Carriers replaced battleships at the center of U.S. naval power in World War II, but they’ve been losing ground, offensively and defensively, for years. Until the 1980s, the offensive punch of smaller warships was limited to short-range guns. But now these ships pack Tomahawk cruise missiles, giving every destroyer, cruiser and attack submarine the ability to destroy targets well beyond the reach of carrier-based planes–without risking pilots. Distributing that firepower across 120 warships instead of concentrating it on America’s 11 carriers makes sense. Then there’s the huge built-in cost of carriers. Much of a carrier group’s firepower–accompanying ships and subs and the airplanes on its deck–is dedicated to protecting the flattop itself. “We need to move from a Navy of a few large carriers to a Navy of many smaller ships,” says John Arquilla, a professor of defense analysis at the Navy’s postgraduate school in Monterey, Calif. “The carriers ought to have their numbers painted over with bull’s-eyes.”

Two recent Pentagon-funded reports have questioned the Navy’s carrier-centric strategy. The vessel’s huge cost and half-century life span give potential foes like China a “static target” to threaten, a 2007 report said. A smarter option, the study suggests, is to build a Navy of many smaller and simpler ships, which would complicate enemy targeting and give U.S. commanders better intelligence. Nonetheless, the Navy has just begun spending $11 billion to design and build the first in a new class of carriers, the U.S.S. Gerald R. Ford, scheduled to join the fleet in 2015.

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The Army

Gates’ final target is on land. The Army is getting $160 billion to outfit a third of its force with a complex network of electronically linked vehicles, beginning in 2015. This supposedly synchronized web of vehicles is called the Future Combat Systems (FCS) and would include tanks, troop carriers and unmanned aircraft ostensibly knit together in a computerized cavalry. The Army likes to argue that the FCS is a transformational approach to fighting wars, in part because it is giving up a lot of armor in favor of some 95 million lines of computer code designed to detect and avoid enemy fire. In theory, all this technology would give combat GIs the ability to destroy the enemy from far away.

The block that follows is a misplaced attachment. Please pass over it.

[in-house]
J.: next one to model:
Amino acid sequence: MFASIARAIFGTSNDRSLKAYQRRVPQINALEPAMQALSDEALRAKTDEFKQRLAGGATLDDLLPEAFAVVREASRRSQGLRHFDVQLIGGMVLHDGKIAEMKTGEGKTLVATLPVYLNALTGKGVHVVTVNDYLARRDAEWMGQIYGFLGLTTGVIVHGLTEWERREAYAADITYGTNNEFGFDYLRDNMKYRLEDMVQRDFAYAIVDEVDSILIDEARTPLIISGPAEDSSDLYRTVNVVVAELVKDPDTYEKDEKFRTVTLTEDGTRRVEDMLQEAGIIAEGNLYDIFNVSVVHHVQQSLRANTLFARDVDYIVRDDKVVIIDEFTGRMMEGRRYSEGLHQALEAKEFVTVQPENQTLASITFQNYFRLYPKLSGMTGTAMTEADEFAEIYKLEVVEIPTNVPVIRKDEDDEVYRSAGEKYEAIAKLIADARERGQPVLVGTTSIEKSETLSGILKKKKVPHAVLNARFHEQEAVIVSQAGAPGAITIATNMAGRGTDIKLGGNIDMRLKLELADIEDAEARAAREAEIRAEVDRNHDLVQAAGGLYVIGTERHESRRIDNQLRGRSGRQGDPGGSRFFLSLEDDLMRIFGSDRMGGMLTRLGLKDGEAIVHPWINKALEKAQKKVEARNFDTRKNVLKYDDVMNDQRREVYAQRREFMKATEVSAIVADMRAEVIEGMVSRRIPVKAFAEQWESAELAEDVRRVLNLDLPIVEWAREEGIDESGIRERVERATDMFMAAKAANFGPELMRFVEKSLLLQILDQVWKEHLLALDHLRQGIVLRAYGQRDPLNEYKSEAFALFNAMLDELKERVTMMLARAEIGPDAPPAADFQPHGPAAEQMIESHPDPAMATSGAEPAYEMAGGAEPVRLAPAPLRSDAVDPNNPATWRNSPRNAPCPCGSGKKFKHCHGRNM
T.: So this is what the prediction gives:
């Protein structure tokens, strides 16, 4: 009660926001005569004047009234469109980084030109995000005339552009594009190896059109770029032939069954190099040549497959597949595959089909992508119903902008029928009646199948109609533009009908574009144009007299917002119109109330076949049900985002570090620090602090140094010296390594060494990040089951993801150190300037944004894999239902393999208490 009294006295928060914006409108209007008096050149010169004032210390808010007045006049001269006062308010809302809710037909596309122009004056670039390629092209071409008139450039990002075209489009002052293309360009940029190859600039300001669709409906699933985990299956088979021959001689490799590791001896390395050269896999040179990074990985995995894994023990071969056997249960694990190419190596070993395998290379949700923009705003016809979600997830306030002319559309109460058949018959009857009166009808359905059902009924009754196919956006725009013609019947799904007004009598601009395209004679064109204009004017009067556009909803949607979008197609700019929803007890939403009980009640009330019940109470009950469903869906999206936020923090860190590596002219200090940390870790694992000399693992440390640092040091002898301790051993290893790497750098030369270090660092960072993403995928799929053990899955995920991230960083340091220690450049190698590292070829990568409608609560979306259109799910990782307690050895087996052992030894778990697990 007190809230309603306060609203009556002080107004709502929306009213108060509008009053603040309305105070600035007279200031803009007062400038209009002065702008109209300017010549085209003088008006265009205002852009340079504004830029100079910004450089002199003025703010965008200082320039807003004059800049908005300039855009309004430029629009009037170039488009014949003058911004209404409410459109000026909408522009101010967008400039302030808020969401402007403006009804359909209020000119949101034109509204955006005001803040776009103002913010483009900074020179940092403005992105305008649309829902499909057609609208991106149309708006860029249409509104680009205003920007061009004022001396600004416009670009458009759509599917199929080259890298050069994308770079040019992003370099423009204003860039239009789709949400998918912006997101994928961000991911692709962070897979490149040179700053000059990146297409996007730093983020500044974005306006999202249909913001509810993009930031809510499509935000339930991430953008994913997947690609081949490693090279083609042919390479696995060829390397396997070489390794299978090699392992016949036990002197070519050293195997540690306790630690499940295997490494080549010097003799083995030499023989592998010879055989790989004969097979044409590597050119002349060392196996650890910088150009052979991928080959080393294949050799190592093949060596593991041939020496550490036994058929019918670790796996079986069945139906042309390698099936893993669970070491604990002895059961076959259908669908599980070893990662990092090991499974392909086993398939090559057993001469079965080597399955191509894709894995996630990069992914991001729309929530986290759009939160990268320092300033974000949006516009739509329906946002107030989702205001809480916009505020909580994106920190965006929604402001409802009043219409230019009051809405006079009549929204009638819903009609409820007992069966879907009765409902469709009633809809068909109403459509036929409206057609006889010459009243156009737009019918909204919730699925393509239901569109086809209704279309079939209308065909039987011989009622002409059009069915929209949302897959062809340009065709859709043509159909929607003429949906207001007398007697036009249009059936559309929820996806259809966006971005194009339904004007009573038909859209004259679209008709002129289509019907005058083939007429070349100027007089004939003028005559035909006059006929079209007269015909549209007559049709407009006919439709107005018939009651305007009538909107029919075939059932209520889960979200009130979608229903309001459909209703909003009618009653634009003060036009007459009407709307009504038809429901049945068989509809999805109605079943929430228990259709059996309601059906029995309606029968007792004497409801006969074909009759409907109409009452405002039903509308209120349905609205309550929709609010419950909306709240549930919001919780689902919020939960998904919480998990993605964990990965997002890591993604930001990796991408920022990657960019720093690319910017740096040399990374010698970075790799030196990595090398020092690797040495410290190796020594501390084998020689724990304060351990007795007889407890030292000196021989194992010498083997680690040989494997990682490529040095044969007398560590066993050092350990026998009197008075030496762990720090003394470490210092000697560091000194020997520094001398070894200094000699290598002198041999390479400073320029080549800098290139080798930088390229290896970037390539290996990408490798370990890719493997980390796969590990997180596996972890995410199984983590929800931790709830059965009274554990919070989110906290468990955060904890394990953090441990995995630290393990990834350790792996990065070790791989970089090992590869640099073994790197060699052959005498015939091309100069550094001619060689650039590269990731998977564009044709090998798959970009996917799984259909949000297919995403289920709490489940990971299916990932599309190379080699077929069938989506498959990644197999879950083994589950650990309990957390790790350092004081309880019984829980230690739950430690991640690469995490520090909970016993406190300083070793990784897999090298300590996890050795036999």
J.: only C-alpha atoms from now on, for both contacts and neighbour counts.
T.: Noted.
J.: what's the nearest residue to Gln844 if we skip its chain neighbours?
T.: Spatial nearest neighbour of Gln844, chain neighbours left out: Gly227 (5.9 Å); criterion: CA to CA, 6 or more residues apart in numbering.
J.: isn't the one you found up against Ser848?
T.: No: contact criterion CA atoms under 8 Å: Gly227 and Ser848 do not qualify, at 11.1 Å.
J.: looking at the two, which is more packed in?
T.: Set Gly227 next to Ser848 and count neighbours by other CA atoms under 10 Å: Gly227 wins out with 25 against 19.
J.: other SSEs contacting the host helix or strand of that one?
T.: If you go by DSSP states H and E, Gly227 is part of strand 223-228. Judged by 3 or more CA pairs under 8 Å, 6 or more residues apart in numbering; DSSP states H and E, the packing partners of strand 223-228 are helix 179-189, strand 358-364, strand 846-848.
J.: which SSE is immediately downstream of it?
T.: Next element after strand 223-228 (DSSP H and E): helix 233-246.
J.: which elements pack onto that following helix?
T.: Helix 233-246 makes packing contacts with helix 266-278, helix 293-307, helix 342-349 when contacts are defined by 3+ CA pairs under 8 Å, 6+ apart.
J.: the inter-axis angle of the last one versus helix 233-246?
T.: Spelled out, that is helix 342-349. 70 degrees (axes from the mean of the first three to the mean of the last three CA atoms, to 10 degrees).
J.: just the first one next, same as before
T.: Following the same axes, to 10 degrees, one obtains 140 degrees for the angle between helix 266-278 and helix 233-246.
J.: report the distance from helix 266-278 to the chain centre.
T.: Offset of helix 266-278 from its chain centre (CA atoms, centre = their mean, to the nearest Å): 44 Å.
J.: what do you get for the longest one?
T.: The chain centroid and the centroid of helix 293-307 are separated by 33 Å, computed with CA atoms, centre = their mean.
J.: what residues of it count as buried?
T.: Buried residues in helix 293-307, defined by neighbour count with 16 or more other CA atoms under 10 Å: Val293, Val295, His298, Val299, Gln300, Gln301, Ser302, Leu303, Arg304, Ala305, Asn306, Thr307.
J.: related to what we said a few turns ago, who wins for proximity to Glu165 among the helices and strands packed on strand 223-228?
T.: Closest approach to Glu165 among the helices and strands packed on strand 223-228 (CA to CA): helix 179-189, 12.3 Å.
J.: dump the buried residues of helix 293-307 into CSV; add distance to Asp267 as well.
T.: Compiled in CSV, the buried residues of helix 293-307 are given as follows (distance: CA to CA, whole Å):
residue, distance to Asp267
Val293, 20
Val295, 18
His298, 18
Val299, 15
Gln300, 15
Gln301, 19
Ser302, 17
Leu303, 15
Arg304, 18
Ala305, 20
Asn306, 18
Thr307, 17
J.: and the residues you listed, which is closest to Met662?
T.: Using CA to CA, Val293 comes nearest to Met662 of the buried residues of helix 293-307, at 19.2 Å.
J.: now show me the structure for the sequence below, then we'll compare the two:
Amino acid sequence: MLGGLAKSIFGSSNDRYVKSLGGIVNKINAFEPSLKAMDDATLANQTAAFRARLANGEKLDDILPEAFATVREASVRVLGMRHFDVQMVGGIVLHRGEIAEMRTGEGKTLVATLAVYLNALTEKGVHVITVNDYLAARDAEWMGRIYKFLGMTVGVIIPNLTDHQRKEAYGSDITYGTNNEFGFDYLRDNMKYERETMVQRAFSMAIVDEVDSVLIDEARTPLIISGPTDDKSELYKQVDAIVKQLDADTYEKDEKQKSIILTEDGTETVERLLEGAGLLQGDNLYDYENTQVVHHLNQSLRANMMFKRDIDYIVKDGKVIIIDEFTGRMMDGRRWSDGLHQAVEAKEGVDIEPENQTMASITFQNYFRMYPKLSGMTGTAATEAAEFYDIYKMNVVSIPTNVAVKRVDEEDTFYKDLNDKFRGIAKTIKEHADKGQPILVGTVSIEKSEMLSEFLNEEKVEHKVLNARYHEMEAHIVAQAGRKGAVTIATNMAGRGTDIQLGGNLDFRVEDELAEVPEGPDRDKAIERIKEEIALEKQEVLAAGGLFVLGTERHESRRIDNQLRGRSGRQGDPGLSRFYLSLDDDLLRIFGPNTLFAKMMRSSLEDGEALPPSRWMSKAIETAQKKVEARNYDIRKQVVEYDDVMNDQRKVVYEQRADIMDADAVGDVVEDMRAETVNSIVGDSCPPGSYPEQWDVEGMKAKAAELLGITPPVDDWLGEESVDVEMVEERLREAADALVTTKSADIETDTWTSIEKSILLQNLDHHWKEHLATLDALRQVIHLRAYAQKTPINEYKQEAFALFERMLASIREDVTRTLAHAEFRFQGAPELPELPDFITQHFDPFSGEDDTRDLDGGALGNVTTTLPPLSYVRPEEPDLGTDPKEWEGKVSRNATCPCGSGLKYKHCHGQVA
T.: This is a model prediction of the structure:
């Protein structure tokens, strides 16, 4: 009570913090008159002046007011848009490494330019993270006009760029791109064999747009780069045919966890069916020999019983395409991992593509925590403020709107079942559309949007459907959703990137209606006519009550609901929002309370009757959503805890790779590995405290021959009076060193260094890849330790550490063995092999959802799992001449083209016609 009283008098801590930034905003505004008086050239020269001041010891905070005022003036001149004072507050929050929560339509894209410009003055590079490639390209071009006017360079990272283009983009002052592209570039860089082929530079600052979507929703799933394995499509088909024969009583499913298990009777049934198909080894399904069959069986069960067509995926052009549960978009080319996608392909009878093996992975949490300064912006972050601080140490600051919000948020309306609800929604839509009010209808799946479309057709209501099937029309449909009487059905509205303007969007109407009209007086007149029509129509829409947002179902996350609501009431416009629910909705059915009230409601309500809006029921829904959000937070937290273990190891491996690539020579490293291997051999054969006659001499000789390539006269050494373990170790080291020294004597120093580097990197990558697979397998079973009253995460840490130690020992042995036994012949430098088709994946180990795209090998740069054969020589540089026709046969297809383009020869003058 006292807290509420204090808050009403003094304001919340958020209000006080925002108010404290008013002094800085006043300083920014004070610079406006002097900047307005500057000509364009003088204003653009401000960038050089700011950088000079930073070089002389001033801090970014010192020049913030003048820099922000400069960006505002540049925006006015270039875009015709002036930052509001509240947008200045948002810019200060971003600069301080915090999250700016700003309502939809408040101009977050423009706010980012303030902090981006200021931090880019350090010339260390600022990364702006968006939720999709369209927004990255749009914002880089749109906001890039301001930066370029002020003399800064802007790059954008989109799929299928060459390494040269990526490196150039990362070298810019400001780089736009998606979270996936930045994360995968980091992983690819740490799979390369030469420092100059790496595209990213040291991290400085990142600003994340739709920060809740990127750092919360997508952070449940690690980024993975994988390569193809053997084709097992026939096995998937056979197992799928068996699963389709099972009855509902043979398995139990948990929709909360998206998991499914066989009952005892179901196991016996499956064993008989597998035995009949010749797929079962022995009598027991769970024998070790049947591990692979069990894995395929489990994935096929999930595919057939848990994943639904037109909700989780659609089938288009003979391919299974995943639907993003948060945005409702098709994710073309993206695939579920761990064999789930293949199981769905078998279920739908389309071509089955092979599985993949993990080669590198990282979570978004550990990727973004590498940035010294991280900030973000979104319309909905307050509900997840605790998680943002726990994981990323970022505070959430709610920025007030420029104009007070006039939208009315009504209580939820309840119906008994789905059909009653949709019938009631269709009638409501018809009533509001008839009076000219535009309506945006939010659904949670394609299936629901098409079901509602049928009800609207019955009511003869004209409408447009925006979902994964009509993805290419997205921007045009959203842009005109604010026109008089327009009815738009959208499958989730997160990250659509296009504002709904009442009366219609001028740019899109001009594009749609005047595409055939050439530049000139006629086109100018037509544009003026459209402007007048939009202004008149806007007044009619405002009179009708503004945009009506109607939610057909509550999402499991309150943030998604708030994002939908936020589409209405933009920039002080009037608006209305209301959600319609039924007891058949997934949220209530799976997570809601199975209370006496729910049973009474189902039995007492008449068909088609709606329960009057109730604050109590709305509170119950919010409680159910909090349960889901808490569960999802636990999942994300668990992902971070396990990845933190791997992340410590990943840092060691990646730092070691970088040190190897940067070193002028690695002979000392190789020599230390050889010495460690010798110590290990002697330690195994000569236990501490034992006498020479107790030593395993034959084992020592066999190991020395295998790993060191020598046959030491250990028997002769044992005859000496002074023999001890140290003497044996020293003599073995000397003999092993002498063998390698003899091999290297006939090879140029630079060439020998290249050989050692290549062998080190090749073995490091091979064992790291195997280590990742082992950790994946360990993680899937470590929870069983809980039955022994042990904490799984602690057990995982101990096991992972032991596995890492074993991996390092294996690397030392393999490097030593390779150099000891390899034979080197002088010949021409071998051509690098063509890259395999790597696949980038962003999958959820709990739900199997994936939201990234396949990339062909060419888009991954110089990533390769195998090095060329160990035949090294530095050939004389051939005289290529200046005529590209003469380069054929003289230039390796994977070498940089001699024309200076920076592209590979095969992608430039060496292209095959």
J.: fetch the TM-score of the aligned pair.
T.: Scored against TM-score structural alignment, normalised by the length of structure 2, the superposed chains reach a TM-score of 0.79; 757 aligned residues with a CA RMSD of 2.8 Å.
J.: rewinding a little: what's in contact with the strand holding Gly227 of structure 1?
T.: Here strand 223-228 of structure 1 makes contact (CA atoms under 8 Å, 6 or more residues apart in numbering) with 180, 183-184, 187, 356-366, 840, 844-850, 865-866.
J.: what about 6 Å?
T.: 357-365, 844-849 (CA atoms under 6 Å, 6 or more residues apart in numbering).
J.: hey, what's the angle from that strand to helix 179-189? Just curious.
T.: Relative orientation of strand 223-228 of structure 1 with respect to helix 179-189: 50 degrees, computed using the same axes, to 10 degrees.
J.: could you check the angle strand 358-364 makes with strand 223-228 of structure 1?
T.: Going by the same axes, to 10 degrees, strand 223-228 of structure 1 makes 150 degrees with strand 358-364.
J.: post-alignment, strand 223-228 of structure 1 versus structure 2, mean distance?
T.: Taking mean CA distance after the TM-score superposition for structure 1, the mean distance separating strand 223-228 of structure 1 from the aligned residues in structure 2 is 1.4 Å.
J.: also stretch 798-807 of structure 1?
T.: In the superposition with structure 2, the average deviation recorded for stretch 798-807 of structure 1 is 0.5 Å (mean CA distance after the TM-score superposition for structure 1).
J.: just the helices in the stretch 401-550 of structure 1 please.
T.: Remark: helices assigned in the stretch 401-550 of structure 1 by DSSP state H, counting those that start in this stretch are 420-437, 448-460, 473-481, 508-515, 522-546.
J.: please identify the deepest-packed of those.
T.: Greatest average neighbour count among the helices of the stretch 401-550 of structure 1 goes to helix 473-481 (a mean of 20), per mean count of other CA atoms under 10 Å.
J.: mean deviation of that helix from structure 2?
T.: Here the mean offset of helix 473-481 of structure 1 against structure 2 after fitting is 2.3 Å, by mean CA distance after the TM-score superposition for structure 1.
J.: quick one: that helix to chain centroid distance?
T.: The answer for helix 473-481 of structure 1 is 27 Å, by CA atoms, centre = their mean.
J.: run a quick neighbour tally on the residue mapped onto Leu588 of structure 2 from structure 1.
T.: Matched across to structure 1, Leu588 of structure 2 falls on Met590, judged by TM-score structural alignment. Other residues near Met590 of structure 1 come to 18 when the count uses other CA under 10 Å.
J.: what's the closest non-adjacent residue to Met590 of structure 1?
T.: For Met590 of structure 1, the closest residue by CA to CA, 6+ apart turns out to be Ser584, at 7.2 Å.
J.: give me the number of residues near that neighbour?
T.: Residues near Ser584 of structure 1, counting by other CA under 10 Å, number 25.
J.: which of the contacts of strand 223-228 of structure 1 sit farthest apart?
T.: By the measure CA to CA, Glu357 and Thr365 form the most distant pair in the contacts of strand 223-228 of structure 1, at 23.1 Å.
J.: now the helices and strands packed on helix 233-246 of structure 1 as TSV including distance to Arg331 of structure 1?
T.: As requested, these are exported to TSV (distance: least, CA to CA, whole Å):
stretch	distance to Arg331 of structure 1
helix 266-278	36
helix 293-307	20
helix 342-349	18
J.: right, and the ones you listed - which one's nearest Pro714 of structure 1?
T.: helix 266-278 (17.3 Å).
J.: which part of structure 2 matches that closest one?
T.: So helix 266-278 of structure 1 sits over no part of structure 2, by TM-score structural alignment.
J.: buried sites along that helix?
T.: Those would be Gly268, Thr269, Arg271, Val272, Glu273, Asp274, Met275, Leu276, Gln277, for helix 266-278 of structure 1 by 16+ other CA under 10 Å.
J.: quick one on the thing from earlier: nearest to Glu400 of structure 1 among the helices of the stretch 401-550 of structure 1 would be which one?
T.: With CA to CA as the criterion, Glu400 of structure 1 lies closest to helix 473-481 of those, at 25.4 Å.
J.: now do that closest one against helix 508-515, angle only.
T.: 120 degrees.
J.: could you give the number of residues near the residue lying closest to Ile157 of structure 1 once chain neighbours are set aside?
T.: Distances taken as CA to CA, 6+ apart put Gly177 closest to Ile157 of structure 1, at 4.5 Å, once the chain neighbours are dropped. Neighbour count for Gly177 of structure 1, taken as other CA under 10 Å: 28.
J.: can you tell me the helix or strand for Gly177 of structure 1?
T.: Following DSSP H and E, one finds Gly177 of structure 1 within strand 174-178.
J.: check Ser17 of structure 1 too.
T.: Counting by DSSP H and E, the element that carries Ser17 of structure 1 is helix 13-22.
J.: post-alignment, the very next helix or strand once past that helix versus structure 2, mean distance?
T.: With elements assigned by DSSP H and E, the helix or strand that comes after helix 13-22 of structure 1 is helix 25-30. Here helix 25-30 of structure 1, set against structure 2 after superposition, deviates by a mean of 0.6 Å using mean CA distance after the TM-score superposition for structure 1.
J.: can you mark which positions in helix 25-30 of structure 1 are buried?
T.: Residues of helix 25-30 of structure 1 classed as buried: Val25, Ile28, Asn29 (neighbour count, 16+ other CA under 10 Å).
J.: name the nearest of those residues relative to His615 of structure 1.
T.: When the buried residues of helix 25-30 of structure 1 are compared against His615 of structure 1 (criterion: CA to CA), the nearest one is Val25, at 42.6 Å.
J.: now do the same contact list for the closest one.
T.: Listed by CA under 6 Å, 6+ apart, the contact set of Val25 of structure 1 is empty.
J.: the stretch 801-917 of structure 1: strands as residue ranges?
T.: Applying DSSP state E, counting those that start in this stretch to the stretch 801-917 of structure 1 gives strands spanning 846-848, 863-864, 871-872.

That’s the idea, anyway. In fact, there are serious questions about the FCS. Only two of its 44 key technologies are mature enough to generate reliable cost estimates, according to the Government Accountability Office. The Army has so far spent $18 billion trying to get the FCS to work and plans on spending $21 billion more before it gets a formal green light for production in 2013, when key performance tests still will not have been done. And the FCS’s vaunted mobility has already been scrapped; the Army has abandoned plans to transport all those vehicles to the battlefield aboard C-130 cargo planes because they are too heavy. Costs are on the rise as well: the Army was able to keep the FCS’s total price tag at $160 billion only by killing four of the program’s 18 platforms in 2007–and is likely to continue cutting them to keep down the expense.

The bigger question is whether such a high-tech approach to war makes sense after the U.S. learned that getting soldiers out of their vehicles and mixing among the locals was a key to turning Iraq around. Weapons designed to kill from afar may not be best for counterinsurgencies, in which intelligence is most often gleaned only by personal contact. General Peter Chiarelli, the Army’s No. 2 officer, disputes the idea that FCS “is a Cold War relic.” But not everyone agrees. Retired Army officer Andrew Krepinevich Jr., who advises the Pentagon as president of the independent Center for Strategic and Budgetary Assessments, says the U.S. already can do from the air what the Army wants the FCS to do from the ground. Such redundancies, Gates says, are things the country can no longer afford.